Mixed frequency-/time-domain coherent multidimensional spectroscopy: research tool or potential analytical method?

Andrei V Pakoulev, Mark A Rickard, Kathryn M Kornau, Nathan A Mathew, Lena A Yurs, Stephen B Block, John C Wright
Accounts of Chemical Research 2009 September 15, 42 (9): 1310-21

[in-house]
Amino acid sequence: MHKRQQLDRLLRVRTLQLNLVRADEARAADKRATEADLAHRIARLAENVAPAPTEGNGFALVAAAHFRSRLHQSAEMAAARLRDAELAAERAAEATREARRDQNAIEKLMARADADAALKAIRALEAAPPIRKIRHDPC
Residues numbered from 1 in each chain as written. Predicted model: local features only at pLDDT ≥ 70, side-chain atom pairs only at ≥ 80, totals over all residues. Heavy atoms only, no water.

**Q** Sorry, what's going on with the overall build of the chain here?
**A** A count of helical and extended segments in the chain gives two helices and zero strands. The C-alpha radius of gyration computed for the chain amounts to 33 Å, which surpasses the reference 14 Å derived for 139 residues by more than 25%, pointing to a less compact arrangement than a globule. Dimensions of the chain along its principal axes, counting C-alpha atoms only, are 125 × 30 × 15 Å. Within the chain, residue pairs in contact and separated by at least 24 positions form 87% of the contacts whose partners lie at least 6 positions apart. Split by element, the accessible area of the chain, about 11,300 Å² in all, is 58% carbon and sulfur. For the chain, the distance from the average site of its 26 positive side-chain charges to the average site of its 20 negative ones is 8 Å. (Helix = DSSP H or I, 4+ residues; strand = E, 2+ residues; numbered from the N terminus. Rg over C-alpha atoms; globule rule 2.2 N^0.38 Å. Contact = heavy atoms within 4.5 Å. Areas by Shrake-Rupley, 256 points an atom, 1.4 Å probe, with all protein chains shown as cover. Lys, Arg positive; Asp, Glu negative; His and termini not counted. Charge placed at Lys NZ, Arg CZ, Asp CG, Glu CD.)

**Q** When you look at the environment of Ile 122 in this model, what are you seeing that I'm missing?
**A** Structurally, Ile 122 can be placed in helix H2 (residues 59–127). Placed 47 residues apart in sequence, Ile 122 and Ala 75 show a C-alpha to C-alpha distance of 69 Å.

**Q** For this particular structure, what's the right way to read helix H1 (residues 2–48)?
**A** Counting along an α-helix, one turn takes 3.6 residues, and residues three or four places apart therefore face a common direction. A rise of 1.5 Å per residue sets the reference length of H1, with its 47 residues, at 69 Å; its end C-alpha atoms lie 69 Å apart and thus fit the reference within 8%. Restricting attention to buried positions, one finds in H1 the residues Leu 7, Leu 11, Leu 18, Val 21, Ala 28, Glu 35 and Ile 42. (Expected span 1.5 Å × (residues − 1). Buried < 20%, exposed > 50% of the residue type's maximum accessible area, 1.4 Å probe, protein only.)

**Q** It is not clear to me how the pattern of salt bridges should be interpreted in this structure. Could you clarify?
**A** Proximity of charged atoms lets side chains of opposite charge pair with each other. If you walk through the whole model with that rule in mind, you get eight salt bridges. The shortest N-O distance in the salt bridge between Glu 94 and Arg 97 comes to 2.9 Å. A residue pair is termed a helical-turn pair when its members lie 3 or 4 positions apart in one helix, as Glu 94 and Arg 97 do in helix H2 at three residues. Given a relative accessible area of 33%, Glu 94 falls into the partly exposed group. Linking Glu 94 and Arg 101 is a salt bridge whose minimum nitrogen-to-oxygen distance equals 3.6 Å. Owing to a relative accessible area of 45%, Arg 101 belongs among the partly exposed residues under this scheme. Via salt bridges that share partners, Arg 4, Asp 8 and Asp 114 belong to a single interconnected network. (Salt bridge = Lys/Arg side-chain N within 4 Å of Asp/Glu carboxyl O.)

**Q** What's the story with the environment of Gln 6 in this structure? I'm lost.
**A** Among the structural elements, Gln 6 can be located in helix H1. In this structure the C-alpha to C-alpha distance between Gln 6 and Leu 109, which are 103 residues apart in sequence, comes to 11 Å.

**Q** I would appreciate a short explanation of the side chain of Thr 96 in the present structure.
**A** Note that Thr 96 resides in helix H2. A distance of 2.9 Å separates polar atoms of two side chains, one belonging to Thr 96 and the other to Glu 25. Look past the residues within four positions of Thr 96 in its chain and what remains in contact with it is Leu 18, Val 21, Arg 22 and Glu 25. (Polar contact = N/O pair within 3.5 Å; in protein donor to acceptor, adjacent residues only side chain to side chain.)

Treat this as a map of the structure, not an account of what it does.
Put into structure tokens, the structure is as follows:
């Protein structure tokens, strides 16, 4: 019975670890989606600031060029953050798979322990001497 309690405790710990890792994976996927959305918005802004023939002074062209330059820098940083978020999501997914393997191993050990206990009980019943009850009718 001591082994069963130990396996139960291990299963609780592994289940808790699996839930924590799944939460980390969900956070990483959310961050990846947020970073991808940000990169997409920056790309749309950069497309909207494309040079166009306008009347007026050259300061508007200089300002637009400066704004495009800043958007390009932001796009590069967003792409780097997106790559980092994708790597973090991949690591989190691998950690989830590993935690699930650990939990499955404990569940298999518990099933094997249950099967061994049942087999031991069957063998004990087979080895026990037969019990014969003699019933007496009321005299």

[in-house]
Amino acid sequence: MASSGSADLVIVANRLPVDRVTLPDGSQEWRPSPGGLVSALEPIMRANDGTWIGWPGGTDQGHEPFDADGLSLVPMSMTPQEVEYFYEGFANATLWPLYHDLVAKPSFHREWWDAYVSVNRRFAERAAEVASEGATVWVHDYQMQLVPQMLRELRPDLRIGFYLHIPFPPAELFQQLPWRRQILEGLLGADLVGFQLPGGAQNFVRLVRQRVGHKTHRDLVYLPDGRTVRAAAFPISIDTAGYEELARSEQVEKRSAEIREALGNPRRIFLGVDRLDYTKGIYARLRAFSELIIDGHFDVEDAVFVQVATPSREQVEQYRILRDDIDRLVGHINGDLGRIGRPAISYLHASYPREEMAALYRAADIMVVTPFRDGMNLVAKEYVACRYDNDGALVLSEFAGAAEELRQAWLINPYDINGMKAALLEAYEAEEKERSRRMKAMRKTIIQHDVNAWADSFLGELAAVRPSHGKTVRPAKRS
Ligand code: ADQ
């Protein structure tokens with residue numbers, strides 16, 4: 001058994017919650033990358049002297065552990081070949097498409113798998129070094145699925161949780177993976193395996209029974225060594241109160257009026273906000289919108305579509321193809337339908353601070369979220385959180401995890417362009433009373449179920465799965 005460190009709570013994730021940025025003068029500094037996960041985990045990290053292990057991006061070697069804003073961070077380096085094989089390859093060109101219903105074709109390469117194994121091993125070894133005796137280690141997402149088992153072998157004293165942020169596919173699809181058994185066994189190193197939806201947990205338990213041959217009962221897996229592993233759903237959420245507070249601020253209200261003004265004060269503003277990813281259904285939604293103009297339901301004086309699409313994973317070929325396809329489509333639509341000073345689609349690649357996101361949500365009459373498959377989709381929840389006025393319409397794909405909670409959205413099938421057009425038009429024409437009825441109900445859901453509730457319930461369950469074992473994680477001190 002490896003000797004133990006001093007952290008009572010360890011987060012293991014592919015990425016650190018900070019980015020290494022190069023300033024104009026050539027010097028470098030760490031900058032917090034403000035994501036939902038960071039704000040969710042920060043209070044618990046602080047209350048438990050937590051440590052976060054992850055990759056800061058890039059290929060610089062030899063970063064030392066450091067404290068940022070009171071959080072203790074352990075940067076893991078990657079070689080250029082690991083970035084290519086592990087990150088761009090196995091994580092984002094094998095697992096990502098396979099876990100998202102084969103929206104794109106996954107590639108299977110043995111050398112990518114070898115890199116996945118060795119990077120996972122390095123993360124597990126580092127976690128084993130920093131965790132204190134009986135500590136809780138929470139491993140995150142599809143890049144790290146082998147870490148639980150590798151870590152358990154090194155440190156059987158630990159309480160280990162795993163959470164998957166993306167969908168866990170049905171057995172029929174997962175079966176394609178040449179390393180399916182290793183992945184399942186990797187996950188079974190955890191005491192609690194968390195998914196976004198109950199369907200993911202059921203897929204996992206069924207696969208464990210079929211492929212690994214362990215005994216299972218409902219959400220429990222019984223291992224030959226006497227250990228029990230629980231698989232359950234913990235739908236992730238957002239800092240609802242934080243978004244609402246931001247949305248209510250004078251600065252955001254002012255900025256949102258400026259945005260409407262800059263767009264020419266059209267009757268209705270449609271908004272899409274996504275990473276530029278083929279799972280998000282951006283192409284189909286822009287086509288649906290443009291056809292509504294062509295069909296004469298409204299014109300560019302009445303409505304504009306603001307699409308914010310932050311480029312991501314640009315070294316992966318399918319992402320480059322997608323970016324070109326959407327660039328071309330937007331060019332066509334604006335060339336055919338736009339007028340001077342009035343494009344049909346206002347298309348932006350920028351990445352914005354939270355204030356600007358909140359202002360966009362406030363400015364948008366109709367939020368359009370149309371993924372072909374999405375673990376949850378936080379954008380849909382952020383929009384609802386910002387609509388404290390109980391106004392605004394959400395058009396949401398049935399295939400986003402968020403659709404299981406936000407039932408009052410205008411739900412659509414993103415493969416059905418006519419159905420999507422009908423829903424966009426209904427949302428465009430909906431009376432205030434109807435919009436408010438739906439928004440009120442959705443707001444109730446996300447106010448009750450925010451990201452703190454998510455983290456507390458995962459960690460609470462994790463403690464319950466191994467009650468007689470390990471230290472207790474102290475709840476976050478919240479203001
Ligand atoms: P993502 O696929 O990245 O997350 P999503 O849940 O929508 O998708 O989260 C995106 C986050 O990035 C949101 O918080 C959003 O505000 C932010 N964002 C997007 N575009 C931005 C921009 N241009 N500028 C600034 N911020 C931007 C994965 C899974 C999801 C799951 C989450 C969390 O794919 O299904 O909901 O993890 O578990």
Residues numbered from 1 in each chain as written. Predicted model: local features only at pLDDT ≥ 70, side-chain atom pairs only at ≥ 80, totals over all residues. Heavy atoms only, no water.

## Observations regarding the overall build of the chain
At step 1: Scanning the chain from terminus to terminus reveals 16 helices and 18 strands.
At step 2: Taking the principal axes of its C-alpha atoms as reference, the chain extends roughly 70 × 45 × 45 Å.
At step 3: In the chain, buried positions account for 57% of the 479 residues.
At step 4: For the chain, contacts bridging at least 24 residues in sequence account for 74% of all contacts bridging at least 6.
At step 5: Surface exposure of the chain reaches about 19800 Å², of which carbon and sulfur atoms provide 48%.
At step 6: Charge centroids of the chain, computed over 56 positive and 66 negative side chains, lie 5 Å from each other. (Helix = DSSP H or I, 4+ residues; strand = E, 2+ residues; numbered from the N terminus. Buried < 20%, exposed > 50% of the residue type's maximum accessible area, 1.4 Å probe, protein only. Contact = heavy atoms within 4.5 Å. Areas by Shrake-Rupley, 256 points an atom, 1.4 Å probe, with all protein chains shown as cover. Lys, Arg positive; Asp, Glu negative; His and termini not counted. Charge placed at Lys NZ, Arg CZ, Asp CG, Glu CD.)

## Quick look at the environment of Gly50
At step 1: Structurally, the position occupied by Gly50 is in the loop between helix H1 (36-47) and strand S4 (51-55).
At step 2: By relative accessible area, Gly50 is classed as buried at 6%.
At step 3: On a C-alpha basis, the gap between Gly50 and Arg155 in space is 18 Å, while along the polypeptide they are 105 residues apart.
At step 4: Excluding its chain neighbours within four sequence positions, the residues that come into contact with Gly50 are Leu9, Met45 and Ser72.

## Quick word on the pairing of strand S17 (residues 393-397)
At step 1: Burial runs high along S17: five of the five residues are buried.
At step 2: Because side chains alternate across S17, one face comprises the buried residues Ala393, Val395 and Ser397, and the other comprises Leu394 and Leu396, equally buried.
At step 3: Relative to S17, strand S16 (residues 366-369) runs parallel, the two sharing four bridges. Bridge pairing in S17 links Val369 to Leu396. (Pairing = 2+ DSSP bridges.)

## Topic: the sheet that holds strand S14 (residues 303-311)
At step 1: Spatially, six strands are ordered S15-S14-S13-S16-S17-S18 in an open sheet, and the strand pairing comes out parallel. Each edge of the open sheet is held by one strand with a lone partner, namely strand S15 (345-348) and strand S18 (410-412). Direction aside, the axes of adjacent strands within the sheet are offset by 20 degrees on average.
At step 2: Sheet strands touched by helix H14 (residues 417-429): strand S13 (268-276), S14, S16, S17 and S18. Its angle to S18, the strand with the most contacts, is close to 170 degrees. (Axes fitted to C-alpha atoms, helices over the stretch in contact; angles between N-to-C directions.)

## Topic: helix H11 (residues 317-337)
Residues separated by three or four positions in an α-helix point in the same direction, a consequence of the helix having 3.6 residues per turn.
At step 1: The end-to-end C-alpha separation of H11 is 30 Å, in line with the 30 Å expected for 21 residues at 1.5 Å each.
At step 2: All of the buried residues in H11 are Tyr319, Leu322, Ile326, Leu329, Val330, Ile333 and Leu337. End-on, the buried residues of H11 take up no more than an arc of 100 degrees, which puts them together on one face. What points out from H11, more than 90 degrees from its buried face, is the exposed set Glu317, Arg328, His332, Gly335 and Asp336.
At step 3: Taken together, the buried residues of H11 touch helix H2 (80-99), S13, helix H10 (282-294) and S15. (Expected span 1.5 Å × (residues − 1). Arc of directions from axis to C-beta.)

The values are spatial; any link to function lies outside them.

Coherent multidimensional spectroscopy (CMDS) is now the optical analogue of nuclear magnetic resonance (NMR). Just as NMR heteronuclear multiple-quantum coherence (HMQC) methods rely on multiple quantum coherences, achieving widespread application requires that CMDS also excites multiple quantum coherences over a wide range of quantum state energies. This Account focuses on frequency-domain CMDS because these methods tune the excitation frequencies to resonance with the desired quantum states and can form multiple quantum coherences between states with very different energies. CMDS methods use multiple excitation pulses to excite multiple quantum states within their dephasing time, so their quantum mechanical phase is maintained. Coherences formed from pairs of the excited states emit coherent beams of light. The temporal ordering of the excitation pulses defines a sequence of coherences that can result in zero, single, double, or higher order coherences as required for multiple quantum coherence CMDS. Defining the temporal ordering and the excitation frequencies and spectrally resolving the output frequency also defines a particular temporal pathway for the coherences, just as an NMR pulse sequence defines an NMR method. Two dimensional contour plots through this multidimensional parameter space allow visualization of the state energies and dynamics. This Account uses nickel and rhodium chelates as models for understanding mixed frequency-/time-domain CMDS. Mixed frequency-/time-domain methods use excitation pulse widths that are comparable to the dephasing times, so multidimensional spectra are obtained by scanning the excitation frequencies, while the coherence and population dynamics are obtained by scanning the time delays. Changing the time delays changes the peaks in the 2D excitation spectra depending upon whether the pulse sequence excites zero, single, or double quantum coherences. In addition, peaks split as a result of the frequency-domain manifestation of quantum beating. Similarly, changing the excitation and monochromator frequencies changes the dependence on the excitation delay times depending upon whether the frequencies match the resonances involved in the different time-ordered pathways. Contour plots that change a time delay and frequency visualize the temporal changes of specific spectral features. Frequency-domain methods are resonant with specific states, so the sequence of coherences and populations is defined. Coherence transfer, however, can cause output beams at unexpected frequencies. Coherence transfer occurs when the thermal bath induces a coherence between two states (a and g) to evolve to a new coherence (b and g). Since the two coherences have different frequencies and since there are different time orderings for the occurrence of coherence transfer, the delay time dependence develops modulations that depend on the coherences' frequency difference. Higher order coherences can also be generated by raising the excitation intensities. New features appear in the 2D spectra and dynamic Stark splittings occur. These effects will form the basis for the higher order multiple quantum coherence methods and also provide a method for probing molecular potential energy surfaces.

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